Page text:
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Enhancing the sustainability of cities

Green Lifestyle

A new five-year agreement between the United Nations Global Compact and RMIT University in Melbourne will boost efforts to tackle the challenges of urban living in cities around the world.

RMIT

Central station in Melbourne.

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A recent agreement between United Nations Global Compact and Royal Melbourne Institute of Technology (RMIT) University is allowing growth of the Global Compact Cities Programme, which focuses on collaborations between governments, business and society to boost sustainability, resilience and diversity in cities.

UN Global Compact Executive Director Georg Kell said; “We have seen how cities and states can overcome complex challenges by taking an approach that considers a broad range of sustainability principles covering human rights, labour standards, environment and anti-corruption, and then working with business and civil society to find lasting solutions.”

“The Global Compact believes that cities have the potential to make enormous strides in creating sustainable societies, and is grateful that RMIT University has committed to drive our Cities Programme forward.”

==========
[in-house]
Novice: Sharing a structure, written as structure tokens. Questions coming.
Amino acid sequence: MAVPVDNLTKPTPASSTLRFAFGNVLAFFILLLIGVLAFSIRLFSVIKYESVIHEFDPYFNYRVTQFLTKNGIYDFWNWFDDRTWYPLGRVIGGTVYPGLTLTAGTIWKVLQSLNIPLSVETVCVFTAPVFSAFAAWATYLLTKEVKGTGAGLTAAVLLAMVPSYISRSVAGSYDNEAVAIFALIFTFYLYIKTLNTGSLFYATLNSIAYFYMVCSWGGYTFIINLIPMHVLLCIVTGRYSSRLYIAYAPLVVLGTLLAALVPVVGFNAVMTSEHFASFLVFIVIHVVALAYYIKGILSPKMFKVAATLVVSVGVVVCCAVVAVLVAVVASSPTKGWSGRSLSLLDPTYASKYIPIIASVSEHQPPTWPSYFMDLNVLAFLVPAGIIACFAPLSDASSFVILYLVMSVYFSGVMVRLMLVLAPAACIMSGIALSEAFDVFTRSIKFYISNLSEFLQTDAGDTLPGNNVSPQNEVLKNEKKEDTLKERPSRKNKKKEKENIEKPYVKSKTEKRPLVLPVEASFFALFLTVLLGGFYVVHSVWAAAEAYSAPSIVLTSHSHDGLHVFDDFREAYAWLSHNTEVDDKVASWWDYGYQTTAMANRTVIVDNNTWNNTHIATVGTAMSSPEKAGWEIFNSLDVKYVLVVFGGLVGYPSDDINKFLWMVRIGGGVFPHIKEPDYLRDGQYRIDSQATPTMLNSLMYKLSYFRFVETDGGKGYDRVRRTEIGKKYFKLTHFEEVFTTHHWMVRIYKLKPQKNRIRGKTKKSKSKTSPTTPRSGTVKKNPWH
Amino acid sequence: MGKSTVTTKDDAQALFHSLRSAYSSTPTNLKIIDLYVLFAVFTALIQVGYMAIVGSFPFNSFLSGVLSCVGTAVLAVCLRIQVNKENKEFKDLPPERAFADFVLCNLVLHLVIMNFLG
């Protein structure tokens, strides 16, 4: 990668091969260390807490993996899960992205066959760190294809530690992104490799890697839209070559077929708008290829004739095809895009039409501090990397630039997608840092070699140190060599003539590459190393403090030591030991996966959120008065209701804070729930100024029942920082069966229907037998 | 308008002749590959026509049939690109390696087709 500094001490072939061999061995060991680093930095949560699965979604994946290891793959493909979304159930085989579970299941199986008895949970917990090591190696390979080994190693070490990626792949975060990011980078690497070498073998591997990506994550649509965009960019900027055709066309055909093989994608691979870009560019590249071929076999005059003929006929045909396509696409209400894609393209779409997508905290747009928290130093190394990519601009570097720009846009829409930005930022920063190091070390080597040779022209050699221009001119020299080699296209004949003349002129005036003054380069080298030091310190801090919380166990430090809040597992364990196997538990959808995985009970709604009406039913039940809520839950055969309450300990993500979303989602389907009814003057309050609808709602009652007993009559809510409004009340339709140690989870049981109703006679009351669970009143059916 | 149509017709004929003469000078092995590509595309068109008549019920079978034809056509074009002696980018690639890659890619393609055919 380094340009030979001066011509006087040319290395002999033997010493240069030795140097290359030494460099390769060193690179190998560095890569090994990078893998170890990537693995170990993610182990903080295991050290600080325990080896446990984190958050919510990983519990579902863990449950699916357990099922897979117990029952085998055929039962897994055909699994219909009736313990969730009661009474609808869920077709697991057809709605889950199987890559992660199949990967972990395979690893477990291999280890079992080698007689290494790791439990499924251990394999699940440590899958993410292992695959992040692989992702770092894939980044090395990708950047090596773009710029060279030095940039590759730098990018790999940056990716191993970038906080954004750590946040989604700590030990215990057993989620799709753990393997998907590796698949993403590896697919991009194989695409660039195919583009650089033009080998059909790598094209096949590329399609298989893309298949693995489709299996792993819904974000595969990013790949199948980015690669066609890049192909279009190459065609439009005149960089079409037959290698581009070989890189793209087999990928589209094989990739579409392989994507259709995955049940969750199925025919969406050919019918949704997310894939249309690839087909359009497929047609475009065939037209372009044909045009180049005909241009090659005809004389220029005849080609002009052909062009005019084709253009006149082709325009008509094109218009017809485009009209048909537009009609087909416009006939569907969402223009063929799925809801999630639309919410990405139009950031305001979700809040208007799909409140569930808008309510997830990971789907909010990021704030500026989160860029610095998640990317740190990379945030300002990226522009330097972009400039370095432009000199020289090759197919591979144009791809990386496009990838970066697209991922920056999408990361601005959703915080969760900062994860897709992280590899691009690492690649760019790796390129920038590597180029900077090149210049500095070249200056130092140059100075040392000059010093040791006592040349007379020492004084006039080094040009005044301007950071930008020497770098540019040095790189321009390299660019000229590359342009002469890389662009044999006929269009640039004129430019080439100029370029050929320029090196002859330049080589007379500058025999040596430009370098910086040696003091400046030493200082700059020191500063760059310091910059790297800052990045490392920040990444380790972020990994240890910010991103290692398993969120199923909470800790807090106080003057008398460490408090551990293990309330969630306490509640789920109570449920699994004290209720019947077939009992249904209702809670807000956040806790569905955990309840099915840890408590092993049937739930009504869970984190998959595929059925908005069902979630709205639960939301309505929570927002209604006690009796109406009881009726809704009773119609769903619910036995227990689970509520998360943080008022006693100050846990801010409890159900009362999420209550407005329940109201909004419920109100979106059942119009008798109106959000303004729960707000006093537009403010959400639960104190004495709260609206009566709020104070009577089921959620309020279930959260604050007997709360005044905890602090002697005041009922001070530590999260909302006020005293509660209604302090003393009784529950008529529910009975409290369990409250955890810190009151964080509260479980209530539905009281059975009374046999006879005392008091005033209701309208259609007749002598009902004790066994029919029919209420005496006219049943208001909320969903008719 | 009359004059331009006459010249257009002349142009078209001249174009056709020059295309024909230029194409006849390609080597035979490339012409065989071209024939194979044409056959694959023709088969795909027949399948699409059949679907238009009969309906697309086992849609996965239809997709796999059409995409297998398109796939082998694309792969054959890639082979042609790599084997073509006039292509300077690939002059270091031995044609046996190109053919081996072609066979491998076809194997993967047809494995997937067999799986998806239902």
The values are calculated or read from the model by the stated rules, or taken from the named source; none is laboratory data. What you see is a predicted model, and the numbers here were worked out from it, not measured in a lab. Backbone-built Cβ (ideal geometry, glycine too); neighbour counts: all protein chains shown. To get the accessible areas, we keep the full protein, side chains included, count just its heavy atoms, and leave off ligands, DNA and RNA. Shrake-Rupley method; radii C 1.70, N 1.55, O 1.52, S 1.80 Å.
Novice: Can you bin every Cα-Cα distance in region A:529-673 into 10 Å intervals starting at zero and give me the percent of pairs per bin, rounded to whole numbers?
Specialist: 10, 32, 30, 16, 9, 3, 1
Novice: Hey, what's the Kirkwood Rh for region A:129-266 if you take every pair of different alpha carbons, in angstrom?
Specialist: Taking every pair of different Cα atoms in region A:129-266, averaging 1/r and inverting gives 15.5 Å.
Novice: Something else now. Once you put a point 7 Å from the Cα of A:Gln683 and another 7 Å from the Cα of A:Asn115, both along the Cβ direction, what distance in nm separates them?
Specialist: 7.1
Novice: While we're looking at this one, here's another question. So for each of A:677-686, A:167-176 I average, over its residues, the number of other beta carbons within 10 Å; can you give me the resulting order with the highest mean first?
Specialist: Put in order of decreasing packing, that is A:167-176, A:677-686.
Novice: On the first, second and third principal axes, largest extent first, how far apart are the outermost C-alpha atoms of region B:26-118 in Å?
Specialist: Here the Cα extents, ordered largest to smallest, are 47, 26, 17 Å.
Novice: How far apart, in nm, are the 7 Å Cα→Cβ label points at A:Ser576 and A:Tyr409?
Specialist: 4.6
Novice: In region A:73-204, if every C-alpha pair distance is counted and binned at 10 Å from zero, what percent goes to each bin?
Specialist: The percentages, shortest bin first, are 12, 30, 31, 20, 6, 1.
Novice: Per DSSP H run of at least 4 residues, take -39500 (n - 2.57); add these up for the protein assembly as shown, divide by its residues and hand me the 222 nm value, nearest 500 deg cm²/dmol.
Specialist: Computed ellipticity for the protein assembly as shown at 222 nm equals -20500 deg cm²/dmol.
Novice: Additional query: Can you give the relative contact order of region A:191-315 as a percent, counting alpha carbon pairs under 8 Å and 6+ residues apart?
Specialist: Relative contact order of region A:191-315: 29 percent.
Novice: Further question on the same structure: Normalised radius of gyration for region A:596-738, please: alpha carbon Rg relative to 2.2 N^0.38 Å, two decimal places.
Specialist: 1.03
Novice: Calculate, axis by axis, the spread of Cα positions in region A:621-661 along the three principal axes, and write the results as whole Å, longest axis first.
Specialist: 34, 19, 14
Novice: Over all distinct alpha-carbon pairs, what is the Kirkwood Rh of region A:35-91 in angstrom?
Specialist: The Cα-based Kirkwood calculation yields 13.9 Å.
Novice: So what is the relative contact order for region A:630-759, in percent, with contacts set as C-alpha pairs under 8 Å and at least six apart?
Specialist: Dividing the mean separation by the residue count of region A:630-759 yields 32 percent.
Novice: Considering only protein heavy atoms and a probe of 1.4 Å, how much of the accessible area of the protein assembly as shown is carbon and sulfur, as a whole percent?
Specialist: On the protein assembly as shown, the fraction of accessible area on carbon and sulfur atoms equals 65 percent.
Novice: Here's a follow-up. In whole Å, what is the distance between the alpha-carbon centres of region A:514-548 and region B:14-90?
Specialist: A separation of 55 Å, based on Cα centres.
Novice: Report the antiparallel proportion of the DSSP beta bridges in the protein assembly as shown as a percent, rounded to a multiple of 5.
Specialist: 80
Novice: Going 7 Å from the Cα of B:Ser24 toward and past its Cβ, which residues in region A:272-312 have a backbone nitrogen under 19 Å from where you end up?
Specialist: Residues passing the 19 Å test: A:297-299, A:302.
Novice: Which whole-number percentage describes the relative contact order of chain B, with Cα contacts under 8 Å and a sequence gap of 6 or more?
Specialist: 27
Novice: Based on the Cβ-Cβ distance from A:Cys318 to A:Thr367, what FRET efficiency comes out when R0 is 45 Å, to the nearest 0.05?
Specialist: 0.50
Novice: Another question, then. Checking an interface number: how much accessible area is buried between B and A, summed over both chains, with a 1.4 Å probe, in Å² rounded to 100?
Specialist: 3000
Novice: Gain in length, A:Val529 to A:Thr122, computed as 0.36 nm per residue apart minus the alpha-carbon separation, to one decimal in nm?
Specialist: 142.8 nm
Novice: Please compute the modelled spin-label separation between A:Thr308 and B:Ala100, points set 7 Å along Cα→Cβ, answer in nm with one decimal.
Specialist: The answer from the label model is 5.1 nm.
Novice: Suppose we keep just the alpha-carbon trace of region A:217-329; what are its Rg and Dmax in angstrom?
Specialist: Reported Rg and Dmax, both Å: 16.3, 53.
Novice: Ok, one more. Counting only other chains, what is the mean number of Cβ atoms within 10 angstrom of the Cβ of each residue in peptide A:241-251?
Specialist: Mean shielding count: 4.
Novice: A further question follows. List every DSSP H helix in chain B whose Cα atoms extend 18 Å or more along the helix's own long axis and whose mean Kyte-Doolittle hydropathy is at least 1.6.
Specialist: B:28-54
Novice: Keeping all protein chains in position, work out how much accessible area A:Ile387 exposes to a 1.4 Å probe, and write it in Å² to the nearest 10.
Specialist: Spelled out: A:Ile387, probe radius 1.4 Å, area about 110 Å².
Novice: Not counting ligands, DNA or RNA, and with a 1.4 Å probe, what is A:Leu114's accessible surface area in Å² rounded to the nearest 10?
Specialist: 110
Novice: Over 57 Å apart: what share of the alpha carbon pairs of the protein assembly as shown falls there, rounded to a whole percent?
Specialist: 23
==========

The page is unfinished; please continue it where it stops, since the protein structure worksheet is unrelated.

Professor Ralph Horne from RMIT has been chosen as new Director of the Cities Programme, a renowned leader in research and practice on urban issues – leading more that 100 projects on the built environment, urban sustainability and social change. With a dynamic leader, and the addition of a range of urban specialists, the Global Compact Cities Program aims to enable cities to better compare practices and innovations, collaborate on solutions to urban development challenges, and to celebrate and share successes.

Under the new agreement, the Cities Programme aims to expand into the Asia-Pacific region, and double the number of cities that are on-board. There are currently 86 participating cities, ranging from large metropolitan capital (Barcelona, Melbourne, Berlin, Quito), to states (Sao Paulo and Parana in Brazil, Queretaro in Mexico) and municipalities (Besiktas in Turkey and San Isidro in Argentina).

Professor Calum Drummond, Deputy Vice-Chancellor Research and Innovation and Vice-President, said RMIT was very excited to confirm its commitment to hosting the Cities Programme.

“We are committed to enabling positive, timely impact for society and for the environment,” Drummond confirms.

“Building partnerships between city governments, civil society and the business community is very important to RMIT, as a global university and as a corporate citizen.”

Adding a range of urban specialists to the Cities Programme team and better collaboration with Global Compact Local Networks, the agreement will provide city participants with stronger local relationships, as well as global connectedness and better recognition.